Brinkhill is a small village in the East Lindsey district of Lincolnshire, England. It is situated in the south of the Wolds and in an area of outstanding natural beauty. Brinkhill History Group was formed in 2002. Membership is open to any current or former resident of the village. The aim of the group is to research, record and report on all aspects of the historical development of the community and the surrounding area of the Parish of Brinkhill.
Old documents and maps obtained from various county archives and private collections, the census, parish records, trade directories and people's memories form the basis for much of the research. We have published a book about the village. More recently we have begun archaeological research within the parish to look for evidence and the extent of former settlement and activity.
All research is written up and oral history is recorded on tape. Where possible this is made available to the wider public e.g. we produced the information and design for the permanent Interpretation board located in the village. We have held several exhibitions in St Philip's, the village church. We have submitted archaeological reports to the appropriate bodies, following the digging of several test pits in the village.
Over the years we have assembled a large collection of old photographs of people, buildings and activities associated with the village from the late 19th century onwards. This is an extremely valuable resource and is being added to continuously.
Brinkhill, spelt 'Brincle', is mentioned in the Domesday Book of 1086. The name is derived from the Old English 'Brinc(e)' meaning the brink of a hill or steep slope.
There is evidence of human settlement and activity in and around Brinkhill since the Stone Age or Neolithic period, with the discovery of flint and stone axes and chipped stone tools in village gardens and fields. There is a section of Roman road to the north of the village and recent surveys (Anglian water) have indicated the existence of Roman burial grounds to the north of the Church. The road was part of the highway which ran from the Roman East Gate at Lindum Colonia (Lincoln) through the southern Wolds to Burgh Le Marsh. Only a small section of this road, which disappears to the west of Tetford and reappears at Ulceby, has survived at Brinkhill. Along the road and immediate surrounds as well as Roman pottery and artefacts, there have been finds of pottery shards belonging to the middle Saxon period.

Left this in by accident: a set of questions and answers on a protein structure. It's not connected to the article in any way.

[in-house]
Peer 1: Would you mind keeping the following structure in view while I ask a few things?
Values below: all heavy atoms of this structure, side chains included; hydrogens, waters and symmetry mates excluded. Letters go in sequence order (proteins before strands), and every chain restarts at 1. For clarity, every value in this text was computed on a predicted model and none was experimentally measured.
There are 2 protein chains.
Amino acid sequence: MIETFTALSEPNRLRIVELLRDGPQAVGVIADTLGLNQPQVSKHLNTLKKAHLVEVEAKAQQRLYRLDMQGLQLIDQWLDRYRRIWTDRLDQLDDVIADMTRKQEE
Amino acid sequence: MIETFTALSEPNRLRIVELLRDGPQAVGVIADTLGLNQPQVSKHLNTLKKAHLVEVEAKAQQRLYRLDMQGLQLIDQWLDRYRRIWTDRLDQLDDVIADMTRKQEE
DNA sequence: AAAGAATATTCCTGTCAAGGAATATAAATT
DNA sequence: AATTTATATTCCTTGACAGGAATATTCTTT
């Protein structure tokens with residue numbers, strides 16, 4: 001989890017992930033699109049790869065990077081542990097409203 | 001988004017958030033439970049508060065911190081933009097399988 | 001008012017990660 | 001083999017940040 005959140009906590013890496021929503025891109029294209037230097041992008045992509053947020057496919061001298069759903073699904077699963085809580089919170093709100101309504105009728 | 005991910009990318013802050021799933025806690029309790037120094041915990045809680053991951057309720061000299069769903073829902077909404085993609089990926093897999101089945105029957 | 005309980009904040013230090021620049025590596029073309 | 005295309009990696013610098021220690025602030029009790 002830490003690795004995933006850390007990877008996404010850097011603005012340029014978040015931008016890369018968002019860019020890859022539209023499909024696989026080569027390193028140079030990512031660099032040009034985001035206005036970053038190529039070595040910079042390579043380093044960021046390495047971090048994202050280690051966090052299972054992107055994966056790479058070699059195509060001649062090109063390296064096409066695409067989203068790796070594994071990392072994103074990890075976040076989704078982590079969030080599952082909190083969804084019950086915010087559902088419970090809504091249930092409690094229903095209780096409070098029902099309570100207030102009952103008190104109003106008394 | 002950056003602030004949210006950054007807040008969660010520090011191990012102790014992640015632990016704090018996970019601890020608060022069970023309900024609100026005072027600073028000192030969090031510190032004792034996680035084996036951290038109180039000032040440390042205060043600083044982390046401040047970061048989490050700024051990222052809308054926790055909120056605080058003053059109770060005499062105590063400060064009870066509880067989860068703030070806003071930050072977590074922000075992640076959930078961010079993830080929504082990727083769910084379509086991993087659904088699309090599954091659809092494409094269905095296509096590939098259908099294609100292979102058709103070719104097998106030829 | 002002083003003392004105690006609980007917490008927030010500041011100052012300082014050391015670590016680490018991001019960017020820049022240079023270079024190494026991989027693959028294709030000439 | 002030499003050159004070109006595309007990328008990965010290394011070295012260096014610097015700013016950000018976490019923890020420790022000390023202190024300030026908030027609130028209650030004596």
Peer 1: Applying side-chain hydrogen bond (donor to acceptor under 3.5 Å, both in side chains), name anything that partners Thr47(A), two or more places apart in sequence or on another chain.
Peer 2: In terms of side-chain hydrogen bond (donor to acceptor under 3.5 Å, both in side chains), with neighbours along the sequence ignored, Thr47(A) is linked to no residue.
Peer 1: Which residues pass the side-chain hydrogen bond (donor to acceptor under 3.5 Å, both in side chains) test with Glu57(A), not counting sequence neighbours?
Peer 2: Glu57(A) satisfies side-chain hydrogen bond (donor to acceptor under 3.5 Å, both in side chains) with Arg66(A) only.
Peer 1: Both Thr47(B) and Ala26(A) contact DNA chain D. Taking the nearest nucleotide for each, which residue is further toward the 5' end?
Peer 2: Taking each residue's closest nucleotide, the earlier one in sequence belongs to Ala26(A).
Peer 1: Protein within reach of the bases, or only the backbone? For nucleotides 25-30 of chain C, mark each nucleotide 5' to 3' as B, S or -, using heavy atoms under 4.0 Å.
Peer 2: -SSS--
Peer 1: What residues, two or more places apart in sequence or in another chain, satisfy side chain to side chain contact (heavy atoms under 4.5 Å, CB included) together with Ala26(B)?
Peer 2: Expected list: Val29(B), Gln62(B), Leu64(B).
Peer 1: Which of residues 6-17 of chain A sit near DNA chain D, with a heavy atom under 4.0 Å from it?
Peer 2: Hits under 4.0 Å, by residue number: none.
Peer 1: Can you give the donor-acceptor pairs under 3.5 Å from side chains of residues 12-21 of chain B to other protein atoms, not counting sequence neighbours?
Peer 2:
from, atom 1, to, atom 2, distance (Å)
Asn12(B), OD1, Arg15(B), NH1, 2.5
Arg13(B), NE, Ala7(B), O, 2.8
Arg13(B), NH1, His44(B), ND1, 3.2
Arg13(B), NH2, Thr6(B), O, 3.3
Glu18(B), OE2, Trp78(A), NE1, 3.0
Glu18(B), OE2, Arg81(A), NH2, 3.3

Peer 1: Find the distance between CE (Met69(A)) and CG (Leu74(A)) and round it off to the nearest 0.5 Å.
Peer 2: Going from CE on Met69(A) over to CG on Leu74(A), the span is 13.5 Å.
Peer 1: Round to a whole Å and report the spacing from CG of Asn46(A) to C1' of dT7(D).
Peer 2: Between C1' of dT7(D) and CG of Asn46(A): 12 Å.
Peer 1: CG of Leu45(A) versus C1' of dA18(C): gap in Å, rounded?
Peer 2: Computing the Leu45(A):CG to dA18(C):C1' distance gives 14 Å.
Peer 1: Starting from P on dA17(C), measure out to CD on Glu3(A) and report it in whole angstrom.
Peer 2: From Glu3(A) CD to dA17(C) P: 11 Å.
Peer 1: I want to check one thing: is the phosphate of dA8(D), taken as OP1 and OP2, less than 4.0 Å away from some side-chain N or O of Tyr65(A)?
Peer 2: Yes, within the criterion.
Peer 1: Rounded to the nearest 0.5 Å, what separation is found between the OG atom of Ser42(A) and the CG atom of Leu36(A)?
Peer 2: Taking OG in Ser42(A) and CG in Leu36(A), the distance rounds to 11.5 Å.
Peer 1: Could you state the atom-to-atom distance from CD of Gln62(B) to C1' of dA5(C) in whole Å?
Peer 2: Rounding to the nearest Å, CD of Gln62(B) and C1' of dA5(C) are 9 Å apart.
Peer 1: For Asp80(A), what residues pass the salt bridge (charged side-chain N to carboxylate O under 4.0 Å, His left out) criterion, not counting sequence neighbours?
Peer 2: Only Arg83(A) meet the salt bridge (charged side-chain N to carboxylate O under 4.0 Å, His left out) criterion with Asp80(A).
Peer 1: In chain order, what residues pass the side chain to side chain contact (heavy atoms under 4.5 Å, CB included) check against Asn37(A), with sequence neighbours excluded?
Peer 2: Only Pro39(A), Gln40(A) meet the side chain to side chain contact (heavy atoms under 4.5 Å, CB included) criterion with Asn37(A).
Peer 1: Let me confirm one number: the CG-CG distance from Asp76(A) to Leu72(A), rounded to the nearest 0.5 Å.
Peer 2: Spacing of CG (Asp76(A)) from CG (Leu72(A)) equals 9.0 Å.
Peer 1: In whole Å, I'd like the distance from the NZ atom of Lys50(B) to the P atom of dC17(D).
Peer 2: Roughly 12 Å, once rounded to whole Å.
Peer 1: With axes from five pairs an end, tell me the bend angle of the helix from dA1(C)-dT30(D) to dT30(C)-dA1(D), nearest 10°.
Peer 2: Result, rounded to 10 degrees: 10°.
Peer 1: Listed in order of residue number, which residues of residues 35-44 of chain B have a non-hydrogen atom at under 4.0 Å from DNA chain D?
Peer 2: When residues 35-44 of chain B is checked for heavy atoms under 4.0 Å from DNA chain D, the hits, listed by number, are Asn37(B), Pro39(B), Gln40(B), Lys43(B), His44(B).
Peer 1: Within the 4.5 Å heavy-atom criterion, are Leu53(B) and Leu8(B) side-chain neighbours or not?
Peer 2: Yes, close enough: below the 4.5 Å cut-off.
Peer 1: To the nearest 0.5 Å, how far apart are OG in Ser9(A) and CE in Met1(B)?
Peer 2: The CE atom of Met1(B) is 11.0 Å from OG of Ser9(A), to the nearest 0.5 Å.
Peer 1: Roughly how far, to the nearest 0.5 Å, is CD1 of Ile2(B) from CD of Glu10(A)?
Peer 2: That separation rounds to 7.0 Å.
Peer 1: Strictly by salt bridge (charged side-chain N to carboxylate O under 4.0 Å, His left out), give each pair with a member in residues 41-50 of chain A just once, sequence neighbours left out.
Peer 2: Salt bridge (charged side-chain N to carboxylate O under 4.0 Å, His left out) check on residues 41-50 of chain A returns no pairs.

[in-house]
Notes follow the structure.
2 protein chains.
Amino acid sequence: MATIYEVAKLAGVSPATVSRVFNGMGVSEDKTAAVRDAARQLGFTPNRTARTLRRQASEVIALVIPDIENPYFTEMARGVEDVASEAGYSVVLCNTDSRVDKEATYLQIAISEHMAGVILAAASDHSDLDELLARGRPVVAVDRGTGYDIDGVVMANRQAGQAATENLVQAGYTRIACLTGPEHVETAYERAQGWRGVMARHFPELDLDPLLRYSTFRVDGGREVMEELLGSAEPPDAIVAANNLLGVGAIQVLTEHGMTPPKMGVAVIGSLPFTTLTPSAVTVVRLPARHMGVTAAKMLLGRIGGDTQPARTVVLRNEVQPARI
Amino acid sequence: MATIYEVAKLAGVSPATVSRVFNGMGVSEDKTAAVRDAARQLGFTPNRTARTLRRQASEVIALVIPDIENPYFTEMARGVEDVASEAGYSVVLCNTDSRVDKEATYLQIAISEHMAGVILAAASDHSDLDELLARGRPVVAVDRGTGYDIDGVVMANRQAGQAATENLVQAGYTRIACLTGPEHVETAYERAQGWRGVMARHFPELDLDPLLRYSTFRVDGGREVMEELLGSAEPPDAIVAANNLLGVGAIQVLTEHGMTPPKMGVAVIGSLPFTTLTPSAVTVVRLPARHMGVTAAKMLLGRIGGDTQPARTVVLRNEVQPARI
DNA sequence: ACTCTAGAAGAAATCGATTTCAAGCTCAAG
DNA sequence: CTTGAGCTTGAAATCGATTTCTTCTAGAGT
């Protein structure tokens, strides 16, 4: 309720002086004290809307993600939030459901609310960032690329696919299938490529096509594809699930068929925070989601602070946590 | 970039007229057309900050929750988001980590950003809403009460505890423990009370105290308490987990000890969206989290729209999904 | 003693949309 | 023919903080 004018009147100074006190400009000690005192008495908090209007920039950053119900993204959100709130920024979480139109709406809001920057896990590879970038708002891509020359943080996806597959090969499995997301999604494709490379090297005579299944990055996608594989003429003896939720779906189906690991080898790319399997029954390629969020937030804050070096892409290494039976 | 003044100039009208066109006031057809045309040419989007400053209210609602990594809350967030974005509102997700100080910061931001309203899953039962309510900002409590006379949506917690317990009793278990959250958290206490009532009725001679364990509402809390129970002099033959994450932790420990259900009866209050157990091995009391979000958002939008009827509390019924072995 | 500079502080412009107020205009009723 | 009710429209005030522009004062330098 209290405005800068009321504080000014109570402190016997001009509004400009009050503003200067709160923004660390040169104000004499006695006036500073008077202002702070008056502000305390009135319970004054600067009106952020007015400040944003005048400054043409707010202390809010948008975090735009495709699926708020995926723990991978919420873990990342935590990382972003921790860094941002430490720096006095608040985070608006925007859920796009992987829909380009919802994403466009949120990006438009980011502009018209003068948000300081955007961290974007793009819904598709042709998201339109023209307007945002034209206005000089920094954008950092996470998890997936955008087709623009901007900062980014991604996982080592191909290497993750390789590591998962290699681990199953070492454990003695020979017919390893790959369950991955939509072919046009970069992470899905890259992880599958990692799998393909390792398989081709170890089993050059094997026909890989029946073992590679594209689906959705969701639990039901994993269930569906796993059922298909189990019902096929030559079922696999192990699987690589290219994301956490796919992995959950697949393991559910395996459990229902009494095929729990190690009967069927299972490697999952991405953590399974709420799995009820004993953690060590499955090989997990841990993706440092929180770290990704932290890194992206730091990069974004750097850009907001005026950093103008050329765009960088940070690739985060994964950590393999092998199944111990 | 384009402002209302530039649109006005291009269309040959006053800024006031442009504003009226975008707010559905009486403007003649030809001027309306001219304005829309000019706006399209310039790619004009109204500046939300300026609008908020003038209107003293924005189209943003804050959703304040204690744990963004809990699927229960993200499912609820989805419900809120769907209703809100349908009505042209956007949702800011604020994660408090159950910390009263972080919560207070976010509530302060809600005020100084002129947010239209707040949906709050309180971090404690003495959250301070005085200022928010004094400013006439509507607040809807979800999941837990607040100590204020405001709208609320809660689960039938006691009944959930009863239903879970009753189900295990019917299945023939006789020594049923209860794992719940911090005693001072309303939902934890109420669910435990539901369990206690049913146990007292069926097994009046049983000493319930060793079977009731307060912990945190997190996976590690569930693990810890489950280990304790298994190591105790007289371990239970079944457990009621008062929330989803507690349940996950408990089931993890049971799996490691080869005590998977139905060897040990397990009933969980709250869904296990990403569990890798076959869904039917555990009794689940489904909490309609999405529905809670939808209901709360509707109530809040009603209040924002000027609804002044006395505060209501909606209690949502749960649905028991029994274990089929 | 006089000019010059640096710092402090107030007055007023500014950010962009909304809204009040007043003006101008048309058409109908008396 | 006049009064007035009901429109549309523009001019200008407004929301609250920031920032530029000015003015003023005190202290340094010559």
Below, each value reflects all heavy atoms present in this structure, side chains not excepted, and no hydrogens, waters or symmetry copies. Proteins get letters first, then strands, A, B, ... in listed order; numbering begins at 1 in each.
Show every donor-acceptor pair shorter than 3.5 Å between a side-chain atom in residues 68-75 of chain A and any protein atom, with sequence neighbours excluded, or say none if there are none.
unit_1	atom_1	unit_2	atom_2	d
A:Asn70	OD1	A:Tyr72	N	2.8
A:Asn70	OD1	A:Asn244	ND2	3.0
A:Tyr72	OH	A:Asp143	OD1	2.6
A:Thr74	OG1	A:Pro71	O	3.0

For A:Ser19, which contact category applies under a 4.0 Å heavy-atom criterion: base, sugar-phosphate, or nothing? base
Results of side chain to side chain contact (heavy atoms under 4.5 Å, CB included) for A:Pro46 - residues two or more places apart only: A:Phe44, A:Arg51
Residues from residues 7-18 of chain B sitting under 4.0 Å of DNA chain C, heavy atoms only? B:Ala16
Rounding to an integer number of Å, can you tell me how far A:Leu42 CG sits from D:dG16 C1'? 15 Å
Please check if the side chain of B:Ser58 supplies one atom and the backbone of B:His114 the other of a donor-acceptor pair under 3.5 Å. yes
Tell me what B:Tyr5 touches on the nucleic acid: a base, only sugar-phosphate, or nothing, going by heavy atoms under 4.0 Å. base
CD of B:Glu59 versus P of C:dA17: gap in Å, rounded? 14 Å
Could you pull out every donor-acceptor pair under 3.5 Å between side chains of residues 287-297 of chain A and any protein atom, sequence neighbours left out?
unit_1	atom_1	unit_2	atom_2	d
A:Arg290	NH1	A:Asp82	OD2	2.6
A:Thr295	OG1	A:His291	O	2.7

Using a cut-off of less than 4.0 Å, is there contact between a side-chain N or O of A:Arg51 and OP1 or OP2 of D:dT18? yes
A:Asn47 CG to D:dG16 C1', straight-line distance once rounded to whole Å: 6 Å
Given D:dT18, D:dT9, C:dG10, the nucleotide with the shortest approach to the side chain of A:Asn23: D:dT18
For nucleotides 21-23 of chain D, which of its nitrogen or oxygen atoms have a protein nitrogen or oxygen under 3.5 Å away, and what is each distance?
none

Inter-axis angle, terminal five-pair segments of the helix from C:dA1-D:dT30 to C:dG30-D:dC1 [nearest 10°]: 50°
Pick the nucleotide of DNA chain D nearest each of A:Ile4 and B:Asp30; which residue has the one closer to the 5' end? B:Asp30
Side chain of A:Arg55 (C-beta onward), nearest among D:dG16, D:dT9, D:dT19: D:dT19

Brinkhill is unique in that there are three moated sites within the village, which are now Scheduled Monuments. It is thought that they were built in the late 13th early 14th Centuries for reasons of safety and/or flood management or food(fish) production or fashion. There has been no archaeological work to determine their precise construction and usage.
From Medieval times to the beginning of the 20th Century the inhabitants of Brinkhill were primarily engaged in farming/smallholding. Since that time, in common with all others, Brinkhill is a mixture of 'big' farming, small businesses, retirees and commuters.
There is no reference to the existence of a Church at Brinkhill in the Domesday Book (1086). The earliest record is the appointment of Richard De Bromholm to the living in 1245, by the Bishop of Lincoln. Since this time there has been an uninterrupted line of incumbents of the Church of St Philips, albeit with some gaps in actual incumbent names.
The Church is dedicated to the Apostle Philip who came from the city of Bethsaida in Galilee, as did Andrew and Peter. Philip was a witness to the miracle of the loaves and fishes, and later preached in Greece, Syria and Phrygia. He was crucified in the city of Hierapolis.
The base of the churchyard cross dates from the 15th century, and the present day brick, stone and slate Church was built on the foundations of a thatched stone building in the 19thcentury. It is aligned West to East with a South facing Porch, a Nave with a bell at its west end and Chancel. There is an attached Vestry and Hall to the North of the Nave which was added in 1988.
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We would like to hear from anyone who has links with Brinkhill. We are happy to respond to any enquiries from family historians about their Brinkhill ancestors and to receive information from people who have done their own research. If you are seeking information or have something to share please contact us.